Skip to content
Join our Newsletter

Helen Chesnut's Garden Notes: Raccoons prime suspects in garden mystery

It seems one of these animals found a comfy bed atop the carrots with a floating row cover as a bedsheet

One of my first outdoor seedings in the spring is a block planting of carrots and beets, in a bed 120 centimetres wide that I cover with floating row fabric secured around the perimeter. The cover lets in light and water, but bars access to the carrot rust fly and the beet leaf miner.

Routinely, all goes well. The bed keeps me well supplied with these root vegetables through the fall and most of the winter. That’s why I viewed the trashing of the carrot portion of the planting with dismay. Twice this summer, I’ve found the section of row cover over the carrots ripped up and the carrot foliage flattened to the ground.

I resurrected the carrot tops as well as I could and replaced the cover, and after the second incident I erected a patchwork of strong stakes along the path edge of the planting. So far, this protective measure has worked.

The question remains: What did this? Why flatten the carrots and not the beets? None of the carrots were unearthed or nibbled.

The pathway edging the bed runs alongside the back fence. It’s a route used periodically by neighbourhood raccoons, and I knew the raccoons were recent visitors in the garden. One evening, from the family room, I observed a raccoon saunter by, brushing against the patio doors and the back house wall.

Is it possible that one of these animals found a comfy bed atop a springy cushion of ferny foliage, with a bedsheet provided? I did not think that these and other creatures of the night would expose themselves to predators by slumbering in the open, but are any patterns long considered stable holding true any more in these topsy-turvy times?

Garden jottings. The first (end of March) seeding of shelling peas finished up last month, just as the second sowing began filling out its pods. The early vines have been composted, their site replaced with a seeding of snow peas. Fall and winter greens will replace the second pea planting when it is finished producing.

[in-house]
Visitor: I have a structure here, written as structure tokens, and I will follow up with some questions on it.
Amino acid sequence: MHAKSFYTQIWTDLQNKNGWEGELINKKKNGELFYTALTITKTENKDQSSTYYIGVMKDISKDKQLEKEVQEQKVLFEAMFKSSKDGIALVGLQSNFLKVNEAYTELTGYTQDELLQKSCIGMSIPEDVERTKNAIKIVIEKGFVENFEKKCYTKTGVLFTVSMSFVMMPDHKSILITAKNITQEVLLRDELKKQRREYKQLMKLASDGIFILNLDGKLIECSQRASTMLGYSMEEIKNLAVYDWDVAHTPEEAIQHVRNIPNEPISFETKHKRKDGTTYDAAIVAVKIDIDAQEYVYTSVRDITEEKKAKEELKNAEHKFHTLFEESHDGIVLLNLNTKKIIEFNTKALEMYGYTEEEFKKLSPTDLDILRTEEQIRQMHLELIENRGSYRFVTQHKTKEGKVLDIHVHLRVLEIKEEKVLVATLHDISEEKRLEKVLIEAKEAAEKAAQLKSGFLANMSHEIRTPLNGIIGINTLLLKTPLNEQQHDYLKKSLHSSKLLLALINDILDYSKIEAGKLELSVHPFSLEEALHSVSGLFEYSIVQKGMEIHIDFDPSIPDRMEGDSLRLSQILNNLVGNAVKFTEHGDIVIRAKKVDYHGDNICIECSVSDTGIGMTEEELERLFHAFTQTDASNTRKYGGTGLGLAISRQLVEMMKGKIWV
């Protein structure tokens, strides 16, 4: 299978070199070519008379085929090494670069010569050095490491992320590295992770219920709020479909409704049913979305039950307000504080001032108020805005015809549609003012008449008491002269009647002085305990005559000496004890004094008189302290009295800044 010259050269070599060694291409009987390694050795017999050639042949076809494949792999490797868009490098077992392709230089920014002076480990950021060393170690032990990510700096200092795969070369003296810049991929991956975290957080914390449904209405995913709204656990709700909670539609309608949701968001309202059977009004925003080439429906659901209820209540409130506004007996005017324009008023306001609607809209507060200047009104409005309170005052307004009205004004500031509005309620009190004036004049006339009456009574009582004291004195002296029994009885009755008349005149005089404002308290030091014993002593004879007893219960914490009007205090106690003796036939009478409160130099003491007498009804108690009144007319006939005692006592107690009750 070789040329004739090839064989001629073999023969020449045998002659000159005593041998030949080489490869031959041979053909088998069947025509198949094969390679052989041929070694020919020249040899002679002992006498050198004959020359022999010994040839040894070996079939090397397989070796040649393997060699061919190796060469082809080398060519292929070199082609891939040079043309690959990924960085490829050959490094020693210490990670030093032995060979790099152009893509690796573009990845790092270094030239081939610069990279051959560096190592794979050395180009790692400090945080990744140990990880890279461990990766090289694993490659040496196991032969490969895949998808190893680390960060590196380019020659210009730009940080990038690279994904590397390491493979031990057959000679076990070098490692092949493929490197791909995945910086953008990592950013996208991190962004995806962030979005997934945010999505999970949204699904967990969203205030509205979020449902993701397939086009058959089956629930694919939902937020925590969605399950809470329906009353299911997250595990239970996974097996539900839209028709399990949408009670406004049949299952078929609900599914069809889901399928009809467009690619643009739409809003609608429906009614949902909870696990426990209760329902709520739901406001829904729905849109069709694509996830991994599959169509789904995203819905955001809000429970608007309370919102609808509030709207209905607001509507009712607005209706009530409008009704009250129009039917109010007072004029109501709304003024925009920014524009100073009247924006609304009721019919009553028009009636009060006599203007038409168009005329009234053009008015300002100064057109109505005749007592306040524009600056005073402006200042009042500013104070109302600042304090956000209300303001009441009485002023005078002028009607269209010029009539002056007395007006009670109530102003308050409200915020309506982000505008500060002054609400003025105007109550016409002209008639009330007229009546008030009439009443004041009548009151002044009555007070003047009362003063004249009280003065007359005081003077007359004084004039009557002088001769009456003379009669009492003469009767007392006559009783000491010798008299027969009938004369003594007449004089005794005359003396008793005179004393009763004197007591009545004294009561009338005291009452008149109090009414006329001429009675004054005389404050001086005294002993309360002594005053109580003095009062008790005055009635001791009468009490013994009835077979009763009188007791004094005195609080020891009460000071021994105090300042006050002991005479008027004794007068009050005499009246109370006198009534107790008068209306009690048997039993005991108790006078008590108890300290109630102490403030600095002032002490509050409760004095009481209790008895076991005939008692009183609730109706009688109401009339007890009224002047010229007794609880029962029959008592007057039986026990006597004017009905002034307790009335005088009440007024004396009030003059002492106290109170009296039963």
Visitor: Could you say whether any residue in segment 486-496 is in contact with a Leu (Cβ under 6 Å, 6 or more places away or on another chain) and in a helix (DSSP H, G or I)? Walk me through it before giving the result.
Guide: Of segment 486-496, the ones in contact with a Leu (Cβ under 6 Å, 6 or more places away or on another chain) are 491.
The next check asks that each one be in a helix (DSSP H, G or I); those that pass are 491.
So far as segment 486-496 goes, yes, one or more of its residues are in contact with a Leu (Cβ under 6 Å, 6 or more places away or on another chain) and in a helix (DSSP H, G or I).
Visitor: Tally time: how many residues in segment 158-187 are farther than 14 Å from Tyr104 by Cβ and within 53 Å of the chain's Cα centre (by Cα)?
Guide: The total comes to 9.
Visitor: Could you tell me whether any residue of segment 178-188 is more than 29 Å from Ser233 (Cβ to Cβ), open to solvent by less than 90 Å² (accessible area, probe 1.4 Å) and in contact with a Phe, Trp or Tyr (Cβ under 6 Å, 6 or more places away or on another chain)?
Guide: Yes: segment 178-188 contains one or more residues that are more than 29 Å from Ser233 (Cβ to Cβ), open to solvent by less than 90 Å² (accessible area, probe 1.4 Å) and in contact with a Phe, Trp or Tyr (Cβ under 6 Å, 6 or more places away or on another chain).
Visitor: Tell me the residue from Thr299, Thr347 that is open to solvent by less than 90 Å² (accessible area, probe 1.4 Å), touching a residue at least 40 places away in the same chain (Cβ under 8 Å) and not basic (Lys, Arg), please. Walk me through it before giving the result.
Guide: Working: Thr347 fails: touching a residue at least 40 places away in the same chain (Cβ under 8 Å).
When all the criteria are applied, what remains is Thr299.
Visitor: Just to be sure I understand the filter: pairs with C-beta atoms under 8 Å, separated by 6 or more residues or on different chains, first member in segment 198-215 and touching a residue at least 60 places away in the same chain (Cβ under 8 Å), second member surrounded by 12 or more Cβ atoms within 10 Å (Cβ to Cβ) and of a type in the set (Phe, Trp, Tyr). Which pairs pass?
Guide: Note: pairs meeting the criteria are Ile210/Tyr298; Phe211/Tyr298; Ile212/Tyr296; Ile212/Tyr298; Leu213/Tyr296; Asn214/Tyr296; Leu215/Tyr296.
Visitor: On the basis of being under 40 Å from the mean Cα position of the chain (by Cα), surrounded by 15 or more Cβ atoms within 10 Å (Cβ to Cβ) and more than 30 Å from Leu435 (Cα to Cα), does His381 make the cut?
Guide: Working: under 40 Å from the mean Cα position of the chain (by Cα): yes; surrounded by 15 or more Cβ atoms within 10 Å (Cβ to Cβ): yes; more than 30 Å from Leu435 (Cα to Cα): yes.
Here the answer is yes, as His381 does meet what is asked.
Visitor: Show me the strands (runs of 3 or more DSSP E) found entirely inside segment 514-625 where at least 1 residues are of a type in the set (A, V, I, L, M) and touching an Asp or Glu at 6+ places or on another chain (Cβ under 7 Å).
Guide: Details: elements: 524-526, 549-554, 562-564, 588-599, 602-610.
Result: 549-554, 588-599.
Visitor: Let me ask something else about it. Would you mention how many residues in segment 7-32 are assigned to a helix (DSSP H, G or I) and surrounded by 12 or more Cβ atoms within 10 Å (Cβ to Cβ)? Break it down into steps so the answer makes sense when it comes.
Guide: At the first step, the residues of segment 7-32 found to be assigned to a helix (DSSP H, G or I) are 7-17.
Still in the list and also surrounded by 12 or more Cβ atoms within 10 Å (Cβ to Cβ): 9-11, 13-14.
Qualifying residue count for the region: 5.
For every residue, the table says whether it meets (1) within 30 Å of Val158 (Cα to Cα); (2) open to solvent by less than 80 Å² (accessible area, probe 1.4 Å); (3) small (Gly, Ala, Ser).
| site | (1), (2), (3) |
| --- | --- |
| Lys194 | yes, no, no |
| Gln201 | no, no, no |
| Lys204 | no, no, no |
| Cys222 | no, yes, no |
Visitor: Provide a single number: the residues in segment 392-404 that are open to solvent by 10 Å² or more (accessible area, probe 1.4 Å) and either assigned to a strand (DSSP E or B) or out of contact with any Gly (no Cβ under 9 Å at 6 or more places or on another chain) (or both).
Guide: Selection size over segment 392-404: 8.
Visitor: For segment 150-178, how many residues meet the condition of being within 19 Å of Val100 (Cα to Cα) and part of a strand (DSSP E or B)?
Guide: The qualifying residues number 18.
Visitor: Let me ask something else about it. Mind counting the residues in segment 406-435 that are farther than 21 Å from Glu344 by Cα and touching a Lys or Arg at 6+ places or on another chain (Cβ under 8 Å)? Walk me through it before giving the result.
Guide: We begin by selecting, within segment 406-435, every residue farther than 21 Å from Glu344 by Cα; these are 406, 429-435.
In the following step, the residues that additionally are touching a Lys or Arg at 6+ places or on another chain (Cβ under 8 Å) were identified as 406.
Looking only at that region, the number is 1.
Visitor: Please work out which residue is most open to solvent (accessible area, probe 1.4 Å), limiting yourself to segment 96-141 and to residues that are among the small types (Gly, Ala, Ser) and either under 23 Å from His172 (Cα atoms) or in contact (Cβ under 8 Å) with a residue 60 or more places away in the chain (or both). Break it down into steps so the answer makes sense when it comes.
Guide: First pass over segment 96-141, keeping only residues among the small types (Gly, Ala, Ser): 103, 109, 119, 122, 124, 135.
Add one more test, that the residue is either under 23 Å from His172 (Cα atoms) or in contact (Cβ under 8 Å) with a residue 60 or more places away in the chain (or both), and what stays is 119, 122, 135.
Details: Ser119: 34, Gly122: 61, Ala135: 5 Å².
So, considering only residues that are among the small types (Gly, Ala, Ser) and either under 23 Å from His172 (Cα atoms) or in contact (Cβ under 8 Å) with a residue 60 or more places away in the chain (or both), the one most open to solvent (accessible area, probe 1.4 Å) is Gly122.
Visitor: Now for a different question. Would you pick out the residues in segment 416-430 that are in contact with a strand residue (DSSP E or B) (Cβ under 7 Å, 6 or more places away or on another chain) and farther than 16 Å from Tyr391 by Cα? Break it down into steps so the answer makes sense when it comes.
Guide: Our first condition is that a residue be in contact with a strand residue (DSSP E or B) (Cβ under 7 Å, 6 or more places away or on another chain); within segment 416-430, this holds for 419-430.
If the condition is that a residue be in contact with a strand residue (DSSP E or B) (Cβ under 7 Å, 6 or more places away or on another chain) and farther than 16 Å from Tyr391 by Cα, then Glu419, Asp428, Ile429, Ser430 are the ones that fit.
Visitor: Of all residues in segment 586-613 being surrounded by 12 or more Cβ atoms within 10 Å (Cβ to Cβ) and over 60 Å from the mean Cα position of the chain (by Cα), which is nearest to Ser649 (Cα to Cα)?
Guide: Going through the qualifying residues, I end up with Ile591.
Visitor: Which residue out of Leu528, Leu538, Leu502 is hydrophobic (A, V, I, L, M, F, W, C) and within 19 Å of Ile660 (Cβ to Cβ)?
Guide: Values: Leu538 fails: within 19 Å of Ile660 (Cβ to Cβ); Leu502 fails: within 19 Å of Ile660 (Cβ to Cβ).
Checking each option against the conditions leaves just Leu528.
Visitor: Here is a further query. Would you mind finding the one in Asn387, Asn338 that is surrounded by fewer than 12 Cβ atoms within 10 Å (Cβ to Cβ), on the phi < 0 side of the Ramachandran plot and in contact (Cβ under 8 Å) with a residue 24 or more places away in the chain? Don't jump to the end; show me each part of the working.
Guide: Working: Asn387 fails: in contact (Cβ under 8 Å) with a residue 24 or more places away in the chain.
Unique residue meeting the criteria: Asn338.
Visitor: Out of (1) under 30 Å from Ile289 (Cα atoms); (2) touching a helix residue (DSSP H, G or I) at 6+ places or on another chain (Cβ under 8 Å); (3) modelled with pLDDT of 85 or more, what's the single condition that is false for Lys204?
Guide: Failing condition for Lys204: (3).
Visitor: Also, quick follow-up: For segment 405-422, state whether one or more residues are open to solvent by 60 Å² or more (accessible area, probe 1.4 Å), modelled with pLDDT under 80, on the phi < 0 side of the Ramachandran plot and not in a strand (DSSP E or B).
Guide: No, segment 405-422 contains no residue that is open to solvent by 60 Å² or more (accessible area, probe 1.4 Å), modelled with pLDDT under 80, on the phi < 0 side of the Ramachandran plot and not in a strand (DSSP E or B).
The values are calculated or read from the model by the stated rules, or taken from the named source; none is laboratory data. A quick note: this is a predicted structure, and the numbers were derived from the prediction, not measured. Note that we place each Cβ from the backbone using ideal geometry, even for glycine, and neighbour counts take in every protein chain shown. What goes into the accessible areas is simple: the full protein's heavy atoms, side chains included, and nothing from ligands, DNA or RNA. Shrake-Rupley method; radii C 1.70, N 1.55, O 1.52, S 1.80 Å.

Two plantings that don’t always work well for me are a great success this year. One is a double row of greenleaf (sugarloaf) chicory, seeded in April. The rows, thinned, will yield tightly furled, romaine lettuce style heads of green and creamy white leaves that add tasty, tart notes to fall and winter salads.

The other seeding, of winter (daikon) radishes, germinated vigorously in less than a week. Last year’s June seeding fried in the high heat and blistering sun. KN-Bravo produces 15-cm-long roots with sweet, beautifully purple-flushed white flesh. Seeded alongside is Alpine, with similar roots and pure white flesh. Through the fall and winter these radishes are interesting additions, grated or cut in thin strips, to green salads. They are also tasty on their own, grated with carrot into a dressing.

Beside the daikons, seeded June 30, I sowed more carrot and beet seeds for young roots in winter. A row cover over the plantings will protect all the plants from the numerous pests that target them.

Last month’s heat sent the lettuces, endive and escarole quickly to seed, prompting a flurry of indoor seeding for replacement plants.

I harvested the first big, succulent Sweet Success cucumber two weeks ago and quickly chopped it into a blend of yoghurt, lemon juice, olive oil and mashed garlic for a cool, zesty summer salad.

At the same time I picked the first, beautiful ridged (Romanesco) Italian zucchini. On that day, a recipe appeared in the Times Colonist for a salad made with shaved zucchini, mint, basil, parmesan cheese and chopped nuts in a lemon juice and zest, olive oil and honey dressing. I had all the ingredients on hand. Sometimes, the stars do align for us.

A suggestion. Like the garlic and bulbing onions, winter squash and pumpkin plants have been delayed in their development by adverse weather earlier in the season. With last month’s warmth and sunshine, the plants have expanded nicely, but I’m checking them carefully for fruit formation.

Because fruit set has been delayed, and we’re already into August, I’ll be helping little squashes already formed to reach maturity by cutting the vine tips back, just beyond the last formed fruit, next week. This will prevent further flowering and the formation of more fruits that will have no time to mature.

push icon
Be the first to read breaking stories. Enable push notifications on your device. Disable anytime.
No thanks